Dear Dr. G,

I am a father of two boys and constantly worry about my children inheriting something I find extremely embarrassing.

Since puberty, I have often observed in the mirror and noticed that my penis is somewhat small.

I was too embarrassed to talk to my parents.

During my university days, I went to the doctors myself and had it checked out.

The doctors said I was just too concerned as my penis size is average.

I agree many men may have “locker room syndrome” where they feel their penises are small despite being of normal size.

However, this inferiority complex can be destructive.

Despite being in my late thirties and married with two children, the issue of my penis size still bothers me, and I worry about how this can affect the next generation.

Out of my two boys, aged 8 and 10, I think my older son has inherited this misfortune.

I feel I suffered into adulthood because I did not get medical attention until my twenties, so I am putting Dr. G on the spot regarding why men are shortchanged.

I am also seeking an opinion on how this can be rectified, especially for my son.

First, how small is small? What constitutes a micropenis?

Can a micropenis be hereditary?

Do penis enlargement supplements really work?

What operations are available for men or boys with a small penis?

When should a person see a doctor or consider surgical procedures?

I really hope you can help overcome the shortcomings faced by me and my son.

Yours truly,

Shortchanged Steven

A micropenis is diagnosed when the penile length is at least 2.5 standard deviations smaller than the average penis.

It is generally considered to be less than 7cm long compared to the average erect penis length of 12.5cm.

This condition affects approximately 0.6% of the general population and there is currently no evidence to suggest micropenis is hereditary.

Very few studies have been done on the size of the penis in children and adolescents, as the true size is not determined until the child is fully grown.

Many concerned parents often seek medical attention for their prepubertal boys with smaller penises, especially when this is observed between siblings.

The most common reason for boys with smaller-appearing penises is childhood obesity.

Excess fat in the suprapubic area of overweight children can cause the penis to retract inward, which can raise concerns in parents who worry about their sons suffering from micropenis.

Another reason for children having smaller penises can be due to phimosis.

A non-retractable foreskin can also result in the penis looking smaller as there is minimal room for penile protrusion in children.

To date, no lotion or potion that claims to induce penile enlargement can stand up to scientific scrutiny.

The penile supplements available online can come in pills, patches, and ointments, and a recent analysis of these products revealed the ingredients are standard vitamins, minerals, hormones, and herbs.

The claim of inducing penile size increase has no scientific basis, and any testimonial evidence may be placebo in nature and generally anecdotal.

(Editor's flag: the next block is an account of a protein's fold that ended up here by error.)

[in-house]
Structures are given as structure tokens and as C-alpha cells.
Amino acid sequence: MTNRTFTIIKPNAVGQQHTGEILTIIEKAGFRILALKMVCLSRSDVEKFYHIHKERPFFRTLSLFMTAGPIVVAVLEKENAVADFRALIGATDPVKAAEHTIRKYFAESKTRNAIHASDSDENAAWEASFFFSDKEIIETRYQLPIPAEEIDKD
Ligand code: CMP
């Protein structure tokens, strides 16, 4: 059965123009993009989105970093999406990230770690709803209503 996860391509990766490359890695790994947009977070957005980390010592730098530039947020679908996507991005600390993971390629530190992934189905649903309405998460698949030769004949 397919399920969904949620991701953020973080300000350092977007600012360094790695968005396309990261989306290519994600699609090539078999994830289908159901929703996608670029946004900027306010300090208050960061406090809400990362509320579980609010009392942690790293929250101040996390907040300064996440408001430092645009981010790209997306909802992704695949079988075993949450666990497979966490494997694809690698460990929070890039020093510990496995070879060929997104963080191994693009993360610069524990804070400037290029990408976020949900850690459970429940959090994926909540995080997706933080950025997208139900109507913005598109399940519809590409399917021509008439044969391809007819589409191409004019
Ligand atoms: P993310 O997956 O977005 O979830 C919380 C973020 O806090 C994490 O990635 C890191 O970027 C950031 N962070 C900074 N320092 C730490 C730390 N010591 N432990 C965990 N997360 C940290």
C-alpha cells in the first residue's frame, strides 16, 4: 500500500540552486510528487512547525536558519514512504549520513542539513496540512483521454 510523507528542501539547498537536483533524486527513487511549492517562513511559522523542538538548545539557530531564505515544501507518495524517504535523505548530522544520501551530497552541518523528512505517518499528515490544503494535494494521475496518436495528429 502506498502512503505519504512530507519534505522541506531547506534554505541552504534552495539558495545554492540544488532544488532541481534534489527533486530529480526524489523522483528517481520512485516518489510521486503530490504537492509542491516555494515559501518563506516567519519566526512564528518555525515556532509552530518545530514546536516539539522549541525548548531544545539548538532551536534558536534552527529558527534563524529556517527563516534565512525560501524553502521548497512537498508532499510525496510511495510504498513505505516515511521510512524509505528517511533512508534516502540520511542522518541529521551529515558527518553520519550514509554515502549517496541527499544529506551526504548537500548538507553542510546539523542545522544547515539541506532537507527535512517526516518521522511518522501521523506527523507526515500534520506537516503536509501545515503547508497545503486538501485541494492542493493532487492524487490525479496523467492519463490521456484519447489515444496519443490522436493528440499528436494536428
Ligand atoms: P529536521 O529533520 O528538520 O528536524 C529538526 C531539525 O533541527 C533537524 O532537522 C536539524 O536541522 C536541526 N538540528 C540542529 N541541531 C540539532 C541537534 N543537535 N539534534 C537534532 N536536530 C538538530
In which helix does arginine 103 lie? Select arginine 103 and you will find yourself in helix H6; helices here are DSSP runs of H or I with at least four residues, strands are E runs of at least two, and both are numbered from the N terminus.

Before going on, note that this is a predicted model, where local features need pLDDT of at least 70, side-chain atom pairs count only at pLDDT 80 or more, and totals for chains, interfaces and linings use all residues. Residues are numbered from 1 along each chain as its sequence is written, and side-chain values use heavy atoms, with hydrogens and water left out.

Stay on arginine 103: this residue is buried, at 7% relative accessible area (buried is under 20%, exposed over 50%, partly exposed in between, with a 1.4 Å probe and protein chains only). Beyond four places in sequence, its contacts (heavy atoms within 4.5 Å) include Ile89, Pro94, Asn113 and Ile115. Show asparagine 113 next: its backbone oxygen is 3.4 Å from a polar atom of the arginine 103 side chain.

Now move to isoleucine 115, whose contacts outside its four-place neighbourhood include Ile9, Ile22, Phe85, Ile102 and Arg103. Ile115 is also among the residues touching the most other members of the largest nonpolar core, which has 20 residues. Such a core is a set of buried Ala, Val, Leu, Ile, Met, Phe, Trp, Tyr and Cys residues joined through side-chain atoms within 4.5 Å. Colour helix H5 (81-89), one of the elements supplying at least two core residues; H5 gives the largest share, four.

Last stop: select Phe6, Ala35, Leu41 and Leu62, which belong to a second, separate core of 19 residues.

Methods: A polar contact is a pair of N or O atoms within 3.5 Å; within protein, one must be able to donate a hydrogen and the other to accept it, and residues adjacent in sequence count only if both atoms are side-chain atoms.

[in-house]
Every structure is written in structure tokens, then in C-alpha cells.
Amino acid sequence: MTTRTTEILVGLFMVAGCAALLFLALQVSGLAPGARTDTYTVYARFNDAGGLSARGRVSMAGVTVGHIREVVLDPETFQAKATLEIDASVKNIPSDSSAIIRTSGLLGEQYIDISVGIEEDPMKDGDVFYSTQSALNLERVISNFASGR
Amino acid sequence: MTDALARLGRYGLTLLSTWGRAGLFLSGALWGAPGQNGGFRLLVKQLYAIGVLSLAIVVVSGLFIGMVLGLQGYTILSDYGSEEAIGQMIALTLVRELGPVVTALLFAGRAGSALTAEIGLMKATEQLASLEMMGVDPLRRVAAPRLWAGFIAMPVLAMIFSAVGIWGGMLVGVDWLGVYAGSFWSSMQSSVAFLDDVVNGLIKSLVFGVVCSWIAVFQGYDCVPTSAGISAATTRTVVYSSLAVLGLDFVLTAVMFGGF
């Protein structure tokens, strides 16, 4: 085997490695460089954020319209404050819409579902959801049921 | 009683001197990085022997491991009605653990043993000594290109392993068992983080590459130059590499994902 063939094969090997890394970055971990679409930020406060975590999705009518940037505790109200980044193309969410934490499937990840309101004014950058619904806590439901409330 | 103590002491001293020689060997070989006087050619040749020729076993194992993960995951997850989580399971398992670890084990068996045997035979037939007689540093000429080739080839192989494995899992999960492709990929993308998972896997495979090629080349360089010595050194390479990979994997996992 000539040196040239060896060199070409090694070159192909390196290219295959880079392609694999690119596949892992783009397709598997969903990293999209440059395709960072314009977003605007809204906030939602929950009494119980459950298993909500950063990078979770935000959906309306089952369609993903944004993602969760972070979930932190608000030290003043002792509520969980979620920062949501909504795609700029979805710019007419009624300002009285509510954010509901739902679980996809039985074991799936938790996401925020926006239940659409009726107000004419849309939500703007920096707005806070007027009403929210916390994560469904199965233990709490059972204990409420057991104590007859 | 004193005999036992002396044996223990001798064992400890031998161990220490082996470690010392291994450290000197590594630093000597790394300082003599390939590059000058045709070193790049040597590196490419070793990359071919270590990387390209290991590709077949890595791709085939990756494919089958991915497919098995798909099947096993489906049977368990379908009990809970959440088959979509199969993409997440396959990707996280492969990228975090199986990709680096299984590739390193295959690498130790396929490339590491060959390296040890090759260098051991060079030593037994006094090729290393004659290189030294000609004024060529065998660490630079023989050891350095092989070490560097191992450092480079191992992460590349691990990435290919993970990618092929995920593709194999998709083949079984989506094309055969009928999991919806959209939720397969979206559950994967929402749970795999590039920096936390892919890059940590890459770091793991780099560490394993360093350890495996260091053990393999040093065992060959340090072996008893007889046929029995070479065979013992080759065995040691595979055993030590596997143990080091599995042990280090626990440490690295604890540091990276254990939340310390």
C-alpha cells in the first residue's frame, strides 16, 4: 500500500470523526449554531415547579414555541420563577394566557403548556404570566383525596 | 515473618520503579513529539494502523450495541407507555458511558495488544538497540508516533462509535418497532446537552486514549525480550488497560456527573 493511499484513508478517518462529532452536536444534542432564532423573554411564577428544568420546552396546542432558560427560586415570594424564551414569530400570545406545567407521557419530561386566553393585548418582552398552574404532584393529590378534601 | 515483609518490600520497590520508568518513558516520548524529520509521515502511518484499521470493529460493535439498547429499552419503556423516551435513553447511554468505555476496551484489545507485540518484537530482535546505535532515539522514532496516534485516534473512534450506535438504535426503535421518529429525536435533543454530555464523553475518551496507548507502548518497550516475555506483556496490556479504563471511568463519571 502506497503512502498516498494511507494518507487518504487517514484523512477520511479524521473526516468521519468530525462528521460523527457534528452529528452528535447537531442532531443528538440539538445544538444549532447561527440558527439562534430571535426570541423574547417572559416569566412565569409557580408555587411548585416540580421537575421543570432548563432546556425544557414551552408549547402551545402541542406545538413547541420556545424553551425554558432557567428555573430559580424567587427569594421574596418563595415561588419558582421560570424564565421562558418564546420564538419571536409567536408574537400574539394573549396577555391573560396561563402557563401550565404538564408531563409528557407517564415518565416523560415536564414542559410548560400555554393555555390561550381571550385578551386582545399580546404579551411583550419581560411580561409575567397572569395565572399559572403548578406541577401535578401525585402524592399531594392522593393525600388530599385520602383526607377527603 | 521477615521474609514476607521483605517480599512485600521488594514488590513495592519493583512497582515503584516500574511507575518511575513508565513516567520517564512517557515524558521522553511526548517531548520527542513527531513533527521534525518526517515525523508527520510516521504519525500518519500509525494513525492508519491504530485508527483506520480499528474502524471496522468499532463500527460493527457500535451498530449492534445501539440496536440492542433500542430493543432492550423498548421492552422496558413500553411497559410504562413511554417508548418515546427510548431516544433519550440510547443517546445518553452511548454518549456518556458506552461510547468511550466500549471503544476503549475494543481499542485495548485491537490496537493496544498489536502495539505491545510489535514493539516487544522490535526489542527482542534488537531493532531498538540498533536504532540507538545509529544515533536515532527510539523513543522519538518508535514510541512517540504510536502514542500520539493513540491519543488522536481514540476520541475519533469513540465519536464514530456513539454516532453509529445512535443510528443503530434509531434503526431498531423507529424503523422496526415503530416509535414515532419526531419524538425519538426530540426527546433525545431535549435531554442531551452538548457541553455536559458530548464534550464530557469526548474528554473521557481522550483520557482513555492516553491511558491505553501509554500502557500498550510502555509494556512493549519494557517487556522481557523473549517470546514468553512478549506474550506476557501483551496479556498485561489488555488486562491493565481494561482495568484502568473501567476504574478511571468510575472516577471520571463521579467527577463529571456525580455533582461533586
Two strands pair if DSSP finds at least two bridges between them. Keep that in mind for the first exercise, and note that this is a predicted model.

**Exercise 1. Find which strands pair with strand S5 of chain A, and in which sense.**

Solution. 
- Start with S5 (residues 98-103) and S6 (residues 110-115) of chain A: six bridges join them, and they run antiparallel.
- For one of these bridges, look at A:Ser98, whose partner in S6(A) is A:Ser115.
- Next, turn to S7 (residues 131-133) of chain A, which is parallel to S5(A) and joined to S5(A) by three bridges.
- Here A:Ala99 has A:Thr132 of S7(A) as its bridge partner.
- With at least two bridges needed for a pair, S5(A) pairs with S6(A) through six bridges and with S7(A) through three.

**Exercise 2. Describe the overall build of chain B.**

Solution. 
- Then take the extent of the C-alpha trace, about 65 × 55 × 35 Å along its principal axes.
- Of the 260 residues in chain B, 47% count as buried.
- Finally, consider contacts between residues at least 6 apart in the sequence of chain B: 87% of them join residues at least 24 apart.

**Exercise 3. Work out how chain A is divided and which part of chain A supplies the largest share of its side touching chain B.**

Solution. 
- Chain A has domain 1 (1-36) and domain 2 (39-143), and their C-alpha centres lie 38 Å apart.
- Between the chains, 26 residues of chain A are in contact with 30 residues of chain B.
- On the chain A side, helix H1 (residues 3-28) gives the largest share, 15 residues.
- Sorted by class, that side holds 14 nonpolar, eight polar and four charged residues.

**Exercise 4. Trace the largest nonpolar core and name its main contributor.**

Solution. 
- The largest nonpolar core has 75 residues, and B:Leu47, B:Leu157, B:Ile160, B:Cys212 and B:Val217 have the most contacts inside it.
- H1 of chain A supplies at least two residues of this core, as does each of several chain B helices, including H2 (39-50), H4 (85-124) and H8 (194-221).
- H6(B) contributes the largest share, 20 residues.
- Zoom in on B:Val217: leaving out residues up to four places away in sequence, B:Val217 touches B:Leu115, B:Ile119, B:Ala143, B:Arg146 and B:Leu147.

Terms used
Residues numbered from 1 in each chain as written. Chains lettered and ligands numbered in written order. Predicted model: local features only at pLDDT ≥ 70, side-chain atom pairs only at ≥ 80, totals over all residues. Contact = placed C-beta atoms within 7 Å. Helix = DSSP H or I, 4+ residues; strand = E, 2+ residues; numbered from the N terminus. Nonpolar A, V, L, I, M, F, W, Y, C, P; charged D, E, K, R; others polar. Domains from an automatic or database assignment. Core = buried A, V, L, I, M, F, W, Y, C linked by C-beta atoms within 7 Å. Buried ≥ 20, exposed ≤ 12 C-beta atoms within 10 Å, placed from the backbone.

Having said that, the consumption of supplements that contain vitamins and harmless herbs is generally risk-free.

However, adulterated supplements with steroids, hormones, or medicines such as Sildenafil will have risks for patients with contraindications and such treatments are clearly harmful to children.

Meanwhile, penile augmentation is the application of any technique aimed at increasing the length or girth of the human penis.

Several methods have been proposed for enlargement, generally divided into surgery and physical traction, and of these surgical methods are the most scientifically robust ways to enlarge male genitalia and all others are generally considered unproven.

The same report revealed that men with average or below-average size penises undergoing surgical intervention can be “damaging both to physical and mental health”.

According to the study, “the overall surgical treatment outcomes were poor, with low satisfaction rates and significant major complications including penile deformity and shortening”.

On top of that, surgical intervention is both inappropriate and unnecessary for children of any age.

The 2019 International Society of Sexual Medicine review found that men with micropenis are the only group who may benefit from surgical intervention.

It’s not unusual for men to experience a bit of an inferiority complex when comparing themselves to their peers.

When men put Dr. G on the spot, worrying about God being unkind and shortchanging them like father like son, his response is that nurturing a healthy son from the get-go can ensure that the boy transforms from a small puppy into a rottweiler in no time.”

As for the father still contemplating rectifying his compromised asset in the pants, trust me when I say that any alteration of the size of the dog often ends up making the asset look like a dog’s dinner!

On that note, I wish all the fathers in the world an amazing Father’s Day!

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